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Not the usual Earth Day, but message remains just as clear

Normally, April would bring with it a host of Earth Day-related activities, the likes of community cleanups and tree-planting events. This is not a normal April, so all such things are on hold.

Earth Day is still set for next Wednesday (April 22) of course, but those marking it will have to improvise somewhat. Earth Day organizers have a host of suggestions for doing so while adhering to social-distancing norms, from gardening to curling up with a good book. There are many ways in which you can mark the day, though the spirit of the event is meant to raise our environmental consciousness all year round.

Given that many of us have more time on our hands – not voluntarily in most cases – and considerably more time for home-based activities, this year is an ideal time to be more contemplative of Earth Day matters. And despite the cancellation of many of the usual outlets for marking the day, the underlying issues are still very much with us, if overshadowed by the COVID-19 crisis just now.

There is some irony in the fact that the shutdown of much of the global economy is proving a boon, however temporary, for the planet’s ecosystem. Much of what ails the biosphere is due to human activity, such that human inactivity pays dividends.

In particular, we’re seeing something of a timeout where the factors contributing to climate change are concerned.

The disregard for the consequences of the changes – consciously ignored in order to focus on unsustainable consumption – is problematic whether or not you believe what man does is having any impact on the climate. Extreme weather, flooding, landslides and forest fires will wreak havoc nonetheless. The same principle applies to all forms of pollution, loss of fresh water, habitat destruction, degradation of arable land and a host of other someday-catastrophic ills that we’d rather not dwell on just now.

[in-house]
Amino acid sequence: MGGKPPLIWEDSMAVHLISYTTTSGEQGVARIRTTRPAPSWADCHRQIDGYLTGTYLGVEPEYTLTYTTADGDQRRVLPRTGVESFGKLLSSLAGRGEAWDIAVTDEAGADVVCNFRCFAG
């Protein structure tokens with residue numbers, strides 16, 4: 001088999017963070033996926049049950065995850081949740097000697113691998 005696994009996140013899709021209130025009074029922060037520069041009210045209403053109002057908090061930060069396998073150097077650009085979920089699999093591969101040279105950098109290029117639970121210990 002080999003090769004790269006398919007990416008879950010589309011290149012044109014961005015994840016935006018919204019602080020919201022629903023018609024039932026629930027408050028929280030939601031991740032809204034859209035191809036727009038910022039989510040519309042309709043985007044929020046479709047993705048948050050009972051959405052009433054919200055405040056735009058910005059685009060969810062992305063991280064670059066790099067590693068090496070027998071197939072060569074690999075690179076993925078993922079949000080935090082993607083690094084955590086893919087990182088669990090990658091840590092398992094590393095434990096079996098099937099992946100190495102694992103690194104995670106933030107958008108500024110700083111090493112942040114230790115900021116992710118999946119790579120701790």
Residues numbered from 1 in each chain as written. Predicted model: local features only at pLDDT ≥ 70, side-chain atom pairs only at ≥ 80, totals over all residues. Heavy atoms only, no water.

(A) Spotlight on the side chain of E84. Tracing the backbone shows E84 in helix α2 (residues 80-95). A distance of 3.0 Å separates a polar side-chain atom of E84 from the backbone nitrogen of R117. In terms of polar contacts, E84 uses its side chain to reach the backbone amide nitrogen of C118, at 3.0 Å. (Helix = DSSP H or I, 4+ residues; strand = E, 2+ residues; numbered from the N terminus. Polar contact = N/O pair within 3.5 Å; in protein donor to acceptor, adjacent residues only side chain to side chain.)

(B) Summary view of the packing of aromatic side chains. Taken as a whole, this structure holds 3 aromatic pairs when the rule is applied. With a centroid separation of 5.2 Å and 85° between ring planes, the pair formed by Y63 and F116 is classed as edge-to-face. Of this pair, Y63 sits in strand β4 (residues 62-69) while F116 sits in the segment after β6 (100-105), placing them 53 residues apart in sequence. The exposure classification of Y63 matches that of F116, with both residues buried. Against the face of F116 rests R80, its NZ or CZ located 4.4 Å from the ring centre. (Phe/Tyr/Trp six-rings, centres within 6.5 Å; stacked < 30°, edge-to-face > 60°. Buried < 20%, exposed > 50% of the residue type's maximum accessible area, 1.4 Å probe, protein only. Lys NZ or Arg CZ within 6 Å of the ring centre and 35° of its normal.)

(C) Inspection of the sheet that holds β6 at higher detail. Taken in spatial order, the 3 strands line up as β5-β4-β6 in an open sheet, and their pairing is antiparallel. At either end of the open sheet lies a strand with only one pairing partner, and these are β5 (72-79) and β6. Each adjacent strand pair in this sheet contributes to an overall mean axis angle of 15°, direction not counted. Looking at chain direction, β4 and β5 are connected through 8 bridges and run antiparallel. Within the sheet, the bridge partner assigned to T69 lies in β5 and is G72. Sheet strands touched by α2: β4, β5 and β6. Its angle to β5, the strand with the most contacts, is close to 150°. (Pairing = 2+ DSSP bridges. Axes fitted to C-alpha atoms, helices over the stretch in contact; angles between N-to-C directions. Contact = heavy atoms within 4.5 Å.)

The fact is, however, that we’d be well advised to take steps to combat climate change, and ramp up the precautionary measures in those places likely to be hardest hit – rising water levels, droughts and violent weather seem like certitudes, so some planning would be in order.

Does going on and on about climate change help or hinder the cause?

I think people have tuned out. Our attention spans being what they are, we’ve moved on. Oh, we occasionally take passing note of some conference or summit, where politicians make nice speeches about the fate of our planet and what needs to be done. As with many other issues, we suppose that all the talk leads to action, assuming the inevitable decline in news coverage means the problem has gone away.

And, as is always the case, short-term thinking will dominate. Politicians worried about re-election won’t do anything that seems expensive or puts national interests at an apparent disadvantage.

Nations will look after their own interests first. China and India – the two largest polluters going forward – will claim their status as developing economies exempt them from any controls, even as China brings on stream dozens of new coal-burning plants. Every country will want to protect their industries, no matter how energy intensive or polluting.

Canada is no different. The government is beholden to large resource companies, increasingly foreign-owned. The average Canadian, while a low priority individually, still warrants some consideration as part of the voting mass. And Canadians have grown tired of the debate, and will not support one dime travelling out of the country on some ill-fated cap-and-trade, carbon offsets or environmental reparations scheme cooked up by an unaccountable international group.

The need for each of us to tread more lightly on the earth is the real take-away message this month, regardless of the coronavirus.

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